I was monitoring the panel feeding oxygen through a flexible hose into the Spacecraft through access port #14. Donald Babbitt, Jim Gleaves and Jerry Hawkins were monitoring headsets and speakers for any instructions to help in the test. They were lounging in chairs scattered around the room, following the various conversations between the Astronauts and Cap Com.

On level 7, twenty feet below, two technicians and a quality control inspector were standing by the umbilical panel located on the service module, ready to catch the cables that would be jettisoned at some point in the test. The rest of the crew had left the tower for the evening break and was supposed to return between 6:30 and 7:00 to relieve us.

It was very quiet and we were talking among ourselves about the conversations between the NASA Engineers in Block House and the Astronauts. The Astronauts had been in the Capsule since about 2:00 p.m. that afternoon and tempers were getting a little frayed. There had been problems all day and the most irritating of these problems was poor communication between the Spacecraft and Cap Con. Somewhere on the Cape, someone had left a headset mike open. In those days, headsets had hand controls with mike buttons which were always jamming.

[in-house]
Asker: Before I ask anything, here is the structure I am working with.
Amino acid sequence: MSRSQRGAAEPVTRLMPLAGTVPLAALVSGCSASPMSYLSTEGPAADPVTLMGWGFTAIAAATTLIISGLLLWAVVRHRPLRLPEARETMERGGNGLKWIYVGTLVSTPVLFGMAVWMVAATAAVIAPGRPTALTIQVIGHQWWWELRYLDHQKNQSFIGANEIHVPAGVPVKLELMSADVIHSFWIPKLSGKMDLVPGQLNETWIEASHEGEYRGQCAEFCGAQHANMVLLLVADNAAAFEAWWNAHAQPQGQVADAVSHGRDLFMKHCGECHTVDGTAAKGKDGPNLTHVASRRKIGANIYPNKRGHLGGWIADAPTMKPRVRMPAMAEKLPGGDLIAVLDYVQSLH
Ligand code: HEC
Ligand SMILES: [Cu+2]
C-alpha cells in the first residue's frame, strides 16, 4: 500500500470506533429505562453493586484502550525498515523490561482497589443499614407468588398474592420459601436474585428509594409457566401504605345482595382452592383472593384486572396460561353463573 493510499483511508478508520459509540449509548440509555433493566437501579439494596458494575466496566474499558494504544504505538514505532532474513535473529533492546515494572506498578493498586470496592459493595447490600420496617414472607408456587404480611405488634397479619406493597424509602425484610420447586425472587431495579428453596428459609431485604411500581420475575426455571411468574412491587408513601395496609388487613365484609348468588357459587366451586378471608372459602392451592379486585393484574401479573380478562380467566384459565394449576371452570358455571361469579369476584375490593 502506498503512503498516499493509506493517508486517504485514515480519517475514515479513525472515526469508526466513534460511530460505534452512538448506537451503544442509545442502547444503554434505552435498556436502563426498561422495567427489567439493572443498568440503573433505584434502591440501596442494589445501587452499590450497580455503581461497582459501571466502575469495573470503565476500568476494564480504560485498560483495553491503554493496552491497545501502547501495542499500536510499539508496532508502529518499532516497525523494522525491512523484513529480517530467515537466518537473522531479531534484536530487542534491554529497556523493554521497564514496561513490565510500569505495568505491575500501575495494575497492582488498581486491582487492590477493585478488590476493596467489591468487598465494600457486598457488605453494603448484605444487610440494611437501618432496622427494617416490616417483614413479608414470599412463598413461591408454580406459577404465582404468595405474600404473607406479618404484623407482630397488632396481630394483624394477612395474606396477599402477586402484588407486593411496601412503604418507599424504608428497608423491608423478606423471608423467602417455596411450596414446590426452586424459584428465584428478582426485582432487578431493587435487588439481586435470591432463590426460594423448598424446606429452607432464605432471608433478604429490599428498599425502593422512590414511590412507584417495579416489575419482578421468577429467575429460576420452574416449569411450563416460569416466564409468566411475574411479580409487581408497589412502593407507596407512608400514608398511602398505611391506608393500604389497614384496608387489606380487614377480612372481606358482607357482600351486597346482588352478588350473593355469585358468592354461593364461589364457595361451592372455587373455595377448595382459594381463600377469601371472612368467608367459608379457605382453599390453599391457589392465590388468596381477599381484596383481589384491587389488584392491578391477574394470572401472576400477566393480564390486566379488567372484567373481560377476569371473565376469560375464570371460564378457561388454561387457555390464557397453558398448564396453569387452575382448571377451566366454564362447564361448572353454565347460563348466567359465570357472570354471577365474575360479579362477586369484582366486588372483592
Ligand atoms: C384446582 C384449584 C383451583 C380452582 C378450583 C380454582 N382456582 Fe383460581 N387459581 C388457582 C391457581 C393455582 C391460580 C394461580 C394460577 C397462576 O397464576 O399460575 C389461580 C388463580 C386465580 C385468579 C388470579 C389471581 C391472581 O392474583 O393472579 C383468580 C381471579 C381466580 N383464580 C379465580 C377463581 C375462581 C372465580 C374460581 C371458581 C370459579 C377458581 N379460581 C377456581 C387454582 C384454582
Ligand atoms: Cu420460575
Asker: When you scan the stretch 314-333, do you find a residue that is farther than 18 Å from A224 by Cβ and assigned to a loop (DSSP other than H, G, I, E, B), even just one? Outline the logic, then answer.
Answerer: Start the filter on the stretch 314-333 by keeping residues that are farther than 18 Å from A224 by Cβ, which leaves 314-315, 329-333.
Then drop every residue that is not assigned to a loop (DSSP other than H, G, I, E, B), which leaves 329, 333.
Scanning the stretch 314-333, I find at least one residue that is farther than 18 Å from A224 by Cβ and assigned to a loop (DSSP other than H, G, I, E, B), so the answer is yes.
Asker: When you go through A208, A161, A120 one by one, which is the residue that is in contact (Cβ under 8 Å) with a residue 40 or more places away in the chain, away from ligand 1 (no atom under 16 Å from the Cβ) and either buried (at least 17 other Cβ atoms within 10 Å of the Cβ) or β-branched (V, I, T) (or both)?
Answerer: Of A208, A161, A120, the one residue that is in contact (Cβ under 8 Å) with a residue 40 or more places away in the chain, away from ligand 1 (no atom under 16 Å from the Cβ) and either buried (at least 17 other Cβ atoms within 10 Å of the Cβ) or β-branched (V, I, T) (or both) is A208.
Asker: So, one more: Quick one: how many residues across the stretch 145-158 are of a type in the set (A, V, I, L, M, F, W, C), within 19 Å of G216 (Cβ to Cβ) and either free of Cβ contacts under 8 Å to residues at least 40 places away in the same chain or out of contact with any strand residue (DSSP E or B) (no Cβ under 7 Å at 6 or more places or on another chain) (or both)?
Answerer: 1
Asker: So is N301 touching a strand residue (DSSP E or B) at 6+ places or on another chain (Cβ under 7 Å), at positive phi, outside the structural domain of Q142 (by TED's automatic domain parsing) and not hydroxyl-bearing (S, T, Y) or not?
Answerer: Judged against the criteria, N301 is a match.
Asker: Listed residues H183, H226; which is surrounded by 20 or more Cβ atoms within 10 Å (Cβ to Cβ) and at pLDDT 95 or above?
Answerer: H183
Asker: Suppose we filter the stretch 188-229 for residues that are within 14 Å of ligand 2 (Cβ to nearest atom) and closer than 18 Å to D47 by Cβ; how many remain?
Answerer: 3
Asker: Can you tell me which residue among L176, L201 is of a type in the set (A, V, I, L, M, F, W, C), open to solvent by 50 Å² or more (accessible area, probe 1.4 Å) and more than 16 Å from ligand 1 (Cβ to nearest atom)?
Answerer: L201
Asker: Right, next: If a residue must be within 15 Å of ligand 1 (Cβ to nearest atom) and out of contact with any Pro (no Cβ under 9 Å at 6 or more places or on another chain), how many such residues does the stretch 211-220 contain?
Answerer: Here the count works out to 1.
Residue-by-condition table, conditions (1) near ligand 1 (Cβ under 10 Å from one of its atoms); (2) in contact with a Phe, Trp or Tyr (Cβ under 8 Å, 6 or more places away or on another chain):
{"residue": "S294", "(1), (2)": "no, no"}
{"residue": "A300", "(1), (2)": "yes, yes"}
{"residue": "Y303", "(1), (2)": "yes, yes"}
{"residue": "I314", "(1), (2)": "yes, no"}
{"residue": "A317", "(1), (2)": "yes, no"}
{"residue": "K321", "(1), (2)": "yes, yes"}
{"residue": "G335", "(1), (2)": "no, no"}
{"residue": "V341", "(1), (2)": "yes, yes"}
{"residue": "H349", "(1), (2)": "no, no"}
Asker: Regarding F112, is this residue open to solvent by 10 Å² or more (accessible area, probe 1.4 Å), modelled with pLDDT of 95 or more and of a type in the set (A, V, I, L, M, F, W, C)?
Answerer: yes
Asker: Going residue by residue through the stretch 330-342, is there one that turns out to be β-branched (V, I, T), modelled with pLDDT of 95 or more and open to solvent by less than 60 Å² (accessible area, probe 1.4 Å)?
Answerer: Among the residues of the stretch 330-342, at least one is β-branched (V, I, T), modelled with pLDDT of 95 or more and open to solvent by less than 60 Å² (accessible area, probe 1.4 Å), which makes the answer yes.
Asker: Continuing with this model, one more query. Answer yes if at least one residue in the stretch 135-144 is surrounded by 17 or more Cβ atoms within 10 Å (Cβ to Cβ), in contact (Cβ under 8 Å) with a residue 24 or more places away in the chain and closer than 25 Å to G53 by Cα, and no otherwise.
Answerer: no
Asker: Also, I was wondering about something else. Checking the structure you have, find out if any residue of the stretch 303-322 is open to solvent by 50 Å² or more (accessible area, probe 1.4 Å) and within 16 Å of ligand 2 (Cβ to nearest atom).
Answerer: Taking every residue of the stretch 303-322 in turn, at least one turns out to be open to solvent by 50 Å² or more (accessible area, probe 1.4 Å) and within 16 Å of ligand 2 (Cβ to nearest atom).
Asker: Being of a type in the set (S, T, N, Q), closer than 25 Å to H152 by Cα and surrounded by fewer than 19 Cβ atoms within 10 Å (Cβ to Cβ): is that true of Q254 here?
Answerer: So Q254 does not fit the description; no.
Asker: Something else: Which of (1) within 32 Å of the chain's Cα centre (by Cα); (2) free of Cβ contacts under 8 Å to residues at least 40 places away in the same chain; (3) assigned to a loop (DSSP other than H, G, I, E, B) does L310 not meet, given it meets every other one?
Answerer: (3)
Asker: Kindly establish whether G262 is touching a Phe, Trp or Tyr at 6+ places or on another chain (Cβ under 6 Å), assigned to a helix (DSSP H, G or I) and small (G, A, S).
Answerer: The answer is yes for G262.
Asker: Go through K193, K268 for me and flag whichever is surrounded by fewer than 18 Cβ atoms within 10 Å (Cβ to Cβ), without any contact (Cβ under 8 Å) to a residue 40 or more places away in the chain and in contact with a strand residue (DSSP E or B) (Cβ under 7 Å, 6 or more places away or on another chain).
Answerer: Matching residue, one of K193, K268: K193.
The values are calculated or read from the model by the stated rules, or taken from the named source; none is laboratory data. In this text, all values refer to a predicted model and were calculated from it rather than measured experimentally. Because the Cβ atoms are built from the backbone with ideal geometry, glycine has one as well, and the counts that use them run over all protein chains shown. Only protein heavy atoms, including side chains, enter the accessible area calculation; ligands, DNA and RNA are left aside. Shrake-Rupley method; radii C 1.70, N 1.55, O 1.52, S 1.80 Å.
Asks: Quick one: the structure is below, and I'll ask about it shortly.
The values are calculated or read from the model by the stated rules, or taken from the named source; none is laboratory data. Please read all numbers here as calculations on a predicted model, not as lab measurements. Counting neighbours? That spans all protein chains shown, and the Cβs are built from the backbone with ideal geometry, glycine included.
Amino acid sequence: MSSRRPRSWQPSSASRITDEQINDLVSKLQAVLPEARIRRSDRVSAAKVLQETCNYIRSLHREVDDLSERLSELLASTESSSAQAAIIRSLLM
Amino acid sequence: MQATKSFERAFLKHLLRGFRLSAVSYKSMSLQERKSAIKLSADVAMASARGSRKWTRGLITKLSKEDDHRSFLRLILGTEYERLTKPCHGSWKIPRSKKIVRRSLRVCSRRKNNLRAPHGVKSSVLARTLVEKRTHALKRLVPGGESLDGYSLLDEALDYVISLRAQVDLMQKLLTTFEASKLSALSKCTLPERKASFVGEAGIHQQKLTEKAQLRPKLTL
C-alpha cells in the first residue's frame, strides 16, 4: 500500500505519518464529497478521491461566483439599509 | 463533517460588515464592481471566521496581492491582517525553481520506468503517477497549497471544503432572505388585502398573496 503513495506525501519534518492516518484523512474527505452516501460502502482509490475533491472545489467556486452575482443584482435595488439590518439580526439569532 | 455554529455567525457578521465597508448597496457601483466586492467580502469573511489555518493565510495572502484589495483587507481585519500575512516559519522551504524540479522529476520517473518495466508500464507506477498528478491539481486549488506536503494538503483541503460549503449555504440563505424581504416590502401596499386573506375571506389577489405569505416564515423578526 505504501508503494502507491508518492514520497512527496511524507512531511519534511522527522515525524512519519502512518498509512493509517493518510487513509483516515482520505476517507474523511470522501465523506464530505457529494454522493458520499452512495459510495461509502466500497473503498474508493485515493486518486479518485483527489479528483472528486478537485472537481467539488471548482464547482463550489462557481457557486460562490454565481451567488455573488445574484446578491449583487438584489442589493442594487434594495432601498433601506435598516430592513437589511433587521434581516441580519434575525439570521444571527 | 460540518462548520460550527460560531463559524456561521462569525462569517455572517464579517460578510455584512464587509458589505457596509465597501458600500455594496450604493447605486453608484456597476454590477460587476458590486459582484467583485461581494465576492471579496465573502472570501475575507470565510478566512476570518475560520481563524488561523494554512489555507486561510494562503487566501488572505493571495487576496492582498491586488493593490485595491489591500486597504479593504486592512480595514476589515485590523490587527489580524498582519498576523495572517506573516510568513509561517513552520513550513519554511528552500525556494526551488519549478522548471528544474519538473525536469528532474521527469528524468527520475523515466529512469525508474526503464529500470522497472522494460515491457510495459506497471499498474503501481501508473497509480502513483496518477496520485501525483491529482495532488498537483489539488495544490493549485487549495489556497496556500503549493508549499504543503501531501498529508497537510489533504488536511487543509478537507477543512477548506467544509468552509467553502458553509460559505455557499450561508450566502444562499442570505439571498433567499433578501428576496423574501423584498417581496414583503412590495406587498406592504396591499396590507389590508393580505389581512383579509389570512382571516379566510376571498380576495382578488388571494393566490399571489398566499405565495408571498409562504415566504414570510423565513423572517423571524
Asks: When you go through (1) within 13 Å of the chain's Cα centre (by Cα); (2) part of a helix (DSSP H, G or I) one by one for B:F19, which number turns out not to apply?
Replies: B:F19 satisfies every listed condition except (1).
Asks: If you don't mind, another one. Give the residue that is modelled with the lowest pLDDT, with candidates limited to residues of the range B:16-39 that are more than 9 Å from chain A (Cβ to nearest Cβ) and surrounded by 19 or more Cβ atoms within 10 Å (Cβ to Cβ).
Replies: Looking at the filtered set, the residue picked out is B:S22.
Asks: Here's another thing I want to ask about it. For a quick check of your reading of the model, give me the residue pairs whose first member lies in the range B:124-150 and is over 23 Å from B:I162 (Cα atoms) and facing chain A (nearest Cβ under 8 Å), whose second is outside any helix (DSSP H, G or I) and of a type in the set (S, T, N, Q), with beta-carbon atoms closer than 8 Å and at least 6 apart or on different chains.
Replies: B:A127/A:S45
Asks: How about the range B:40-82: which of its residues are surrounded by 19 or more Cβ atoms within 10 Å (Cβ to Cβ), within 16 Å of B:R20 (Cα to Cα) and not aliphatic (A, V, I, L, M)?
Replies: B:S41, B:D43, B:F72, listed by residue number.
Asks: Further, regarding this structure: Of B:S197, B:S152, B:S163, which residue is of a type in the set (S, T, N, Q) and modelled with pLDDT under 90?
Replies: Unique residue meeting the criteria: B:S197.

We could tell that Grissom was getting agitated because of the scuffling noises coming from his side of the Spacecraft, which would suggest that he was getting restless. At 6:20 P.M., a hold was called to allow the Engineers time to try and get the communications cleared up and straighten up some of the procedures. We kinda relaxed as we knew it was going to be awhile and there was nothing we could do.

There was some minor chitchat between the Block House and Capsule, and the engineers were getting ready to pick up the count. The test conductor had just announced that the count would resume at 6:30.

The last test of the day was the Emergency Egress where the Astronauts would declare an Emergency and exit the Spacecraft on their own. We had been expecting this to start at any time so it was no surprise when we heard the word "Fire, we've got a fire in here." It has never been established as to exactly what was said.

At first we thought that they had jumped the schedule and this was part of the procedure.

I yelled out to Jerry Hawkins, "Did you hear that? Did they say there's a fire inside?" "Yea, sounded like it." Jerry yelled back but we still didn't believe it.

L.D. Reese, the NAA Quality Control Inspector threw his headset down and ran toward the lone fire extinguisher on that floor, he had heard the words clearly.

I looked over toward Jim Gleaves and he had a shocked look on his face. He realized that we were in trouble.